- SCP-2540: an entry on the collaborative fiction writing website, SCP Foundation (Wikidot site) describing the efforts of Foundation researchers trying to understand a 4D Tipler's cylinder that is perceived as an ordinary key lime (
*Citrus aurantiifolia*).

The weak and the strong **cosmic censorship hypotheses** are two mathematical conjectures about the structure of gravitational singularities arising in general relativity.

**Time travel** is the hypothetical activity of traveling into the past or future. Time travel is a widely recognized concept in philosophy and fiction, particularly science fiction. In fiction, time travel is typically achieved through the use of a hypothetical device known as a **time machine**. The idea of a time machine was popularized by H. G. Wells' 1895 novel *The Time Machine*.

A **wormhole ** is a hypothetical structure connecting disparate points in spacetime, and is based on a special solution of the Einstein field equations.

The **Novikov self-consistency principle**, also known as the **Novikov self-consistency conjecture** and Larry Niven's **law of conservation of history**, is a principle developed by Russian physicist Igor Dmitriyevich Novikov in the mid-1980s. Novikov intended it to solve the problem of paradoxes in time travel, which is theoretically permitted in certain solutions of general relativity that contain what are known as closed timelike curves. The principle asserts that if an event exists that would cause a paradox or any "change" to the past whatsoever, then the probability of that event is zero. It would thus be impossible to create time paradoxes.

A **gravitational singularity**, **spacetime singularity** or simply **singularity** is a condition in which gravity is predicted to be so intense that spacetime itself would break down catastrophically. As such, a singularity is by definition no longer part of the regular spacetime and cannot be determined by "where" or "when". Gravitational singularities exist at a junction between general relativity and quantum mechanics; therefore, the properties of the singularity cannot be described without an established theory of quantum gravity. Trying to find a complete and precise definition of singularities in the theory of general relativity, the current best theory of gravity, remains a difficult problem. A singularity in general relativity can be defined by the scalar invariant curvature becoming infinite or, better, by a geodesic being incomplete.

Physical **causality** is a physical relationship between causes and effects. It is considered to be fundamental to all natural sciences and behavioural sciences, especially physics. Causality is also a topic studied from the perspectives of philosophy, statistics and logic. Causality means that an effect can not occur from a cause that is not in the back (past) light cone of that event. Similarly, a cause can not have an effect outside its front (future) light cone.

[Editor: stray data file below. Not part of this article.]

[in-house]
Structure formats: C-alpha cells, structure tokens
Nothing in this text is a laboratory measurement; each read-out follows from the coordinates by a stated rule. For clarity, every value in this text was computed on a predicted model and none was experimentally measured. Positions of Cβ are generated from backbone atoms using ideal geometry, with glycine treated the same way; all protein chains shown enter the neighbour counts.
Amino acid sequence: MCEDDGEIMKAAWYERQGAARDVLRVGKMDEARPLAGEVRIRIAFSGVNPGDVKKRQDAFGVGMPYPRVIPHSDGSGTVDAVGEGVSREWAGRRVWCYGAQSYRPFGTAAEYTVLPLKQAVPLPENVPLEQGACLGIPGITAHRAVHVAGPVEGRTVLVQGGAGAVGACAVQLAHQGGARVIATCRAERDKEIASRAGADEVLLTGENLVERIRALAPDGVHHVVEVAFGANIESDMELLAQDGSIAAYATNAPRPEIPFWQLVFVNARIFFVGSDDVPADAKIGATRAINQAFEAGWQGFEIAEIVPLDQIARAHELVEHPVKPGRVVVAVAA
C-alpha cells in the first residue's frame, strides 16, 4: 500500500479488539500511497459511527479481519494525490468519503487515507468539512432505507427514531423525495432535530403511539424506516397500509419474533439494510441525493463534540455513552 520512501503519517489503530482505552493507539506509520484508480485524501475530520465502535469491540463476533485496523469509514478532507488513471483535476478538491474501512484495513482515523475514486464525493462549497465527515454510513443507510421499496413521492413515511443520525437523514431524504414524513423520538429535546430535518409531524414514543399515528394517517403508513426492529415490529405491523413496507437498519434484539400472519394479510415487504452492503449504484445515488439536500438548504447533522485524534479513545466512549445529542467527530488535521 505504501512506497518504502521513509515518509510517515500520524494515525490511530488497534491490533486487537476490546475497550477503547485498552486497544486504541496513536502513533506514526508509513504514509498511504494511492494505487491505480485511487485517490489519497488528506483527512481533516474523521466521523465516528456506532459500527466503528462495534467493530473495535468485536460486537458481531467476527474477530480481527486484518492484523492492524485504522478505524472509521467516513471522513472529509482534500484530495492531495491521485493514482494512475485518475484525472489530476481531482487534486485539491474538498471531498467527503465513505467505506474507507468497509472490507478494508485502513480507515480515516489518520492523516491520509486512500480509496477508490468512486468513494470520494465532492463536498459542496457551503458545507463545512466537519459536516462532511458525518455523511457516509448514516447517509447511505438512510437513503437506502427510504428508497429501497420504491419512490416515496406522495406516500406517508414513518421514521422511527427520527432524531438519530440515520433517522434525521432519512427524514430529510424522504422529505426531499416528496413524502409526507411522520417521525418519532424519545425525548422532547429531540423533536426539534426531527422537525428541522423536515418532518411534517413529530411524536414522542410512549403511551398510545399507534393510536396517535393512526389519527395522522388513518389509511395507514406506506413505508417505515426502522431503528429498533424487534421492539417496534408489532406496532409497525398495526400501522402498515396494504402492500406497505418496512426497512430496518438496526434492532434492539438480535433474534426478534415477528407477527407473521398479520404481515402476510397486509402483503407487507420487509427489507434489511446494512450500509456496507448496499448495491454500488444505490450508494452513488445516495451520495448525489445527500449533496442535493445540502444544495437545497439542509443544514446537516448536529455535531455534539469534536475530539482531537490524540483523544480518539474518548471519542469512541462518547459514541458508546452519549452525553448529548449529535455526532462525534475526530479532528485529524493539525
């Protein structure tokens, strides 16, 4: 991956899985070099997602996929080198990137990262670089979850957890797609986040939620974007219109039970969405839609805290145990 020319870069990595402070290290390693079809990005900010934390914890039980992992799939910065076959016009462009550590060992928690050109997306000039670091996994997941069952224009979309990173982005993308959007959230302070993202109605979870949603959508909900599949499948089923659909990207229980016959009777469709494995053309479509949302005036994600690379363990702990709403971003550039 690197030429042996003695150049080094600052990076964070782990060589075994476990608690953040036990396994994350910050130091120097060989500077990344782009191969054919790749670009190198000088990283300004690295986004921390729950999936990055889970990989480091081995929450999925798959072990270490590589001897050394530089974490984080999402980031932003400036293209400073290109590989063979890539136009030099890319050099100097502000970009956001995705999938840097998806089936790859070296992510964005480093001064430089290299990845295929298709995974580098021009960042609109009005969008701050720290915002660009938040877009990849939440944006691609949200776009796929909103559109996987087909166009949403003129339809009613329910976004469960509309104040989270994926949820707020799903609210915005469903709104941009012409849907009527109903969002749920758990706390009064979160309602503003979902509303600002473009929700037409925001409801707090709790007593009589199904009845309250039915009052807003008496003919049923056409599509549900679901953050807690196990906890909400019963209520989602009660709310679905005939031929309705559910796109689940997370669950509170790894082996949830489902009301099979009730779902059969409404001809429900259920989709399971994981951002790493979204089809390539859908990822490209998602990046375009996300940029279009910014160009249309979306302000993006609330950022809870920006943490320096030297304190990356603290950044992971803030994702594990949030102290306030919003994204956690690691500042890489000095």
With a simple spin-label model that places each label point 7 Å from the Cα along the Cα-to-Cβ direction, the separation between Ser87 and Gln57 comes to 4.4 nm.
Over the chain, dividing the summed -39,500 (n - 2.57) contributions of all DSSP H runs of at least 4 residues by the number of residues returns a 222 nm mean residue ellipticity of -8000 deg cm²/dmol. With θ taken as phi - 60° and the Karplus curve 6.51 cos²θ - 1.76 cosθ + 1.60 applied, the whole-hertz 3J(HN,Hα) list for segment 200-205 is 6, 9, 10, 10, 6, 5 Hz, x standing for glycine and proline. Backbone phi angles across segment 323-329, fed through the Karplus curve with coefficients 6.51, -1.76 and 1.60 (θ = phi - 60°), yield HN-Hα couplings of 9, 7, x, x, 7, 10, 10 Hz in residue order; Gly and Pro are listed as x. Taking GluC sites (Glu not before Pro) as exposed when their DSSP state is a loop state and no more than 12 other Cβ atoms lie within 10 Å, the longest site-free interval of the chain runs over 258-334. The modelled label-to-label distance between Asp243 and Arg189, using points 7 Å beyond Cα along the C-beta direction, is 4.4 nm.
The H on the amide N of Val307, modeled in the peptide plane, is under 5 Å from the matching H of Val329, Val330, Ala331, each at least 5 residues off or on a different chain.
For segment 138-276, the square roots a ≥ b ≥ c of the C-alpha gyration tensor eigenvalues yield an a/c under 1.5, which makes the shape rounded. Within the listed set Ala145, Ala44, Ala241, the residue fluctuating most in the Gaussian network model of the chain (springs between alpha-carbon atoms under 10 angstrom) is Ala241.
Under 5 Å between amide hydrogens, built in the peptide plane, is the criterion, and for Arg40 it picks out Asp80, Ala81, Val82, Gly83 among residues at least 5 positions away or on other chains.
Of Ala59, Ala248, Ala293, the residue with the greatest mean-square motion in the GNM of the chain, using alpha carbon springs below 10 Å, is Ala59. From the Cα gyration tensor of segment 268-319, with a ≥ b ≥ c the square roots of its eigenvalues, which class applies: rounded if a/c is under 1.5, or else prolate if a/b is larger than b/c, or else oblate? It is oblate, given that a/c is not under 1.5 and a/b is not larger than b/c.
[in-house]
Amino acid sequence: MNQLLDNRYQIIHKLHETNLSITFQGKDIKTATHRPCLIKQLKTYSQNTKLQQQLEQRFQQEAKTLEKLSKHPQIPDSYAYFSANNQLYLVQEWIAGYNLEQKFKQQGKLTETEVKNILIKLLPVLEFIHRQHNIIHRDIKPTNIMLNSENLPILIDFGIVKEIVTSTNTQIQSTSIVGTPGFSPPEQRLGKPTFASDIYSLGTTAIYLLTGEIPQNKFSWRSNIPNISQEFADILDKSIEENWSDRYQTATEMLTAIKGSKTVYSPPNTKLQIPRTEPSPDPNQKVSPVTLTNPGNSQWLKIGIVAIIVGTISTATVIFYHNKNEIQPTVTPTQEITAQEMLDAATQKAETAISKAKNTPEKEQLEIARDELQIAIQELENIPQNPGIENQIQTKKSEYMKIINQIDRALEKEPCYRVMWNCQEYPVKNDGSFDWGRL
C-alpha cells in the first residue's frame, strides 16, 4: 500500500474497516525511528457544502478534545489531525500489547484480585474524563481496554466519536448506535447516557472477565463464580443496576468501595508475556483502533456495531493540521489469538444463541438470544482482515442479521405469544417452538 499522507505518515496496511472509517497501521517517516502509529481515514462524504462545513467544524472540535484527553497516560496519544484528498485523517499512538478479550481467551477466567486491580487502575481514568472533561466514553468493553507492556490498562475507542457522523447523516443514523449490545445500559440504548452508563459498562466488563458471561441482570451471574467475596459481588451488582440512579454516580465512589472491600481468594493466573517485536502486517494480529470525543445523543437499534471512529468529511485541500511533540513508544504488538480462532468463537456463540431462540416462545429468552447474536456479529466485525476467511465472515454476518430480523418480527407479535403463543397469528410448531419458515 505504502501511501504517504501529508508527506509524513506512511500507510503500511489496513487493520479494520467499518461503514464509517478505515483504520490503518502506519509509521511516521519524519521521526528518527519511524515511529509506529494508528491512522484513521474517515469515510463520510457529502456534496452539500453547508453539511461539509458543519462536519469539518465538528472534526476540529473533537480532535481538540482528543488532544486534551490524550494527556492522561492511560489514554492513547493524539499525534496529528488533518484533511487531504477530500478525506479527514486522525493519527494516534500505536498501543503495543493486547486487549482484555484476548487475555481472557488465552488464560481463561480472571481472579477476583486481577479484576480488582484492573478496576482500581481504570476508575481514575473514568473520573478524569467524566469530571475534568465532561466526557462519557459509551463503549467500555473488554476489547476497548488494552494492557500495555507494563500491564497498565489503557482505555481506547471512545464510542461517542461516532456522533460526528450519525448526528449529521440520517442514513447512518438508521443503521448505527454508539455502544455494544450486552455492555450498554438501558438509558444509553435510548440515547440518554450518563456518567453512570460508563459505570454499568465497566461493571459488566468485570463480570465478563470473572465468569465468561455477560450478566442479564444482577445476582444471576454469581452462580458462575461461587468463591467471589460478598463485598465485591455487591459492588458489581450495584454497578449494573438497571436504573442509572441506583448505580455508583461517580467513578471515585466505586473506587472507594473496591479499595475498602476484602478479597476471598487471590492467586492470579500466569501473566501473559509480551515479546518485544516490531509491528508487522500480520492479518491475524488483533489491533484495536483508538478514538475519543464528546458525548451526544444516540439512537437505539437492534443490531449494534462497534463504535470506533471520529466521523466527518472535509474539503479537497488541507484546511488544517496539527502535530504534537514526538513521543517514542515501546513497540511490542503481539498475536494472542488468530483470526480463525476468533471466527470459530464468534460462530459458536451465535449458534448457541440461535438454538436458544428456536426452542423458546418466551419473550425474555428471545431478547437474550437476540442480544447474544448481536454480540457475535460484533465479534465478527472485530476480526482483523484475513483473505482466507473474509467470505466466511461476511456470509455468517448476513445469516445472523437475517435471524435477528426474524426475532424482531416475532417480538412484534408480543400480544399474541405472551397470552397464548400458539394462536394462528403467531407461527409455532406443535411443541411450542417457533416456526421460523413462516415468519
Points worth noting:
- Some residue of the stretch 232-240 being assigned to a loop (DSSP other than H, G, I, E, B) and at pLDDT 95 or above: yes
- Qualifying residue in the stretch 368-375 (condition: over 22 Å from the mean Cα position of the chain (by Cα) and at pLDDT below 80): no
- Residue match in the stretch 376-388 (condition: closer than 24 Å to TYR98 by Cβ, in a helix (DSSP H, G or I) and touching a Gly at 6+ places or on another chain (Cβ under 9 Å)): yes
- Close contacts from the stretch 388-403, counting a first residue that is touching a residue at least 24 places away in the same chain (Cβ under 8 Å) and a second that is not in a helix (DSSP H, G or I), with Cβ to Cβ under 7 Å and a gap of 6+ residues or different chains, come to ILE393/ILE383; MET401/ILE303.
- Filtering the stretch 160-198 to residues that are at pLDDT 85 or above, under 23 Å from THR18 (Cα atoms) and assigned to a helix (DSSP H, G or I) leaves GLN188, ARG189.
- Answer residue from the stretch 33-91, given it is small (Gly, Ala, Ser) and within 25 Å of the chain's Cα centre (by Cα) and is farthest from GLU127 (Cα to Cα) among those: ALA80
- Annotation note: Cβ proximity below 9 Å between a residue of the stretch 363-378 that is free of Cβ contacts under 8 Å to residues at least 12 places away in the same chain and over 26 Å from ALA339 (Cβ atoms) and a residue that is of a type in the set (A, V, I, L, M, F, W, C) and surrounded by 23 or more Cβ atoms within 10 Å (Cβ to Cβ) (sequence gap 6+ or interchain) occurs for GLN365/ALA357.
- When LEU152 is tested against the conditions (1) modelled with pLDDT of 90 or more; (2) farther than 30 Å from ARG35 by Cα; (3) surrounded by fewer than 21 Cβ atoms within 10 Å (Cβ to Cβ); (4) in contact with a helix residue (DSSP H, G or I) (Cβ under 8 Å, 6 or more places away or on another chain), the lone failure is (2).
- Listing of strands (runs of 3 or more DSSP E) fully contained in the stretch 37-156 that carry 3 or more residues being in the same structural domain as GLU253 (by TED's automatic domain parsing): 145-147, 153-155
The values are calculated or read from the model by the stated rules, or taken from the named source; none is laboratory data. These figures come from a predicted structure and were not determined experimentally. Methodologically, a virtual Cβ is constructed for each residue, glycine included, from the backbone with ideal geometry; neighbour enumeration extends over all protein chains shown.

In mathematical physics, a **closed timelike curve** (**CTC**) is a world line in a Lorentzian manifold, of a material particle in spacetime, that is "closed", returning to its starting point. This possibility was first discovered by Willem Jacob van Stockum in 1937 and later confirmed by Kurt Gödel in 1949, who discovered a solution to the equations of general relativity (GR) allowing CTCs known as the Gödel metric; and since then other GR solutions containing CTCs have been found, such as the Tipler cylinder and traversable wormholes. If CTCs exist, their existence would seem to imply at least the theoretical possibility of time travel backwards in time, raising the spectre of the grandfather paradox, although the Novikov self-consistency principle seems to show that such paradoxes could be avoided. Some physicists speculate that the CTCs which appear in certain GR solutions might be ruled out by a future theory of quantum gravity which would replace GR, an idea which Stephen Hawking labeled the chronology protection conjecture. Others note that if every closed timelike curve in a given space-time passes through an event horizon, a property which can be called chronological censorship, then that space-time with event horizons excised would still be causally well behaved and an observer might not be able to detect the causal violation.

The **Penrose–Hawking singularity theorems** are a set of results in general relativity that attempt to answer the question of when gravitation produces singularities. The **Penrose singularity theorem** is a theorem in semi-Riemannian geometry and its general relativistic interpretation predicts a gravitational singularity in black hole formation. The **Hawking singularity theorem** is based on the Penrose theorem and it is interpreted as a gravitational singularity in the Big Bang situation. Penrose was awarded the Nobel Prize in Physics in 2020 "for the discovery that black hole formation is a robust prediction of the general theory of relativity", which he shared with Reinhard Genzel and Andrea Ghez.

The **chronology protection conjecture** is a hypothesis first proposed by Stephen Hawking that laws of physics beyond those of standard general relativity prevent time travel on all but microscopic scales - even when the latter theory states that it should be possible. The permissibility of time travel is represented mathematically by the existence of closed timelike curves in some solutions to the field equations of general relativity. The chronology protection conjecture should be distinguished from chronological censorship under which every closed timelike curve passes through an event horizon, which might prevent an observer from detecting the **causal violation**.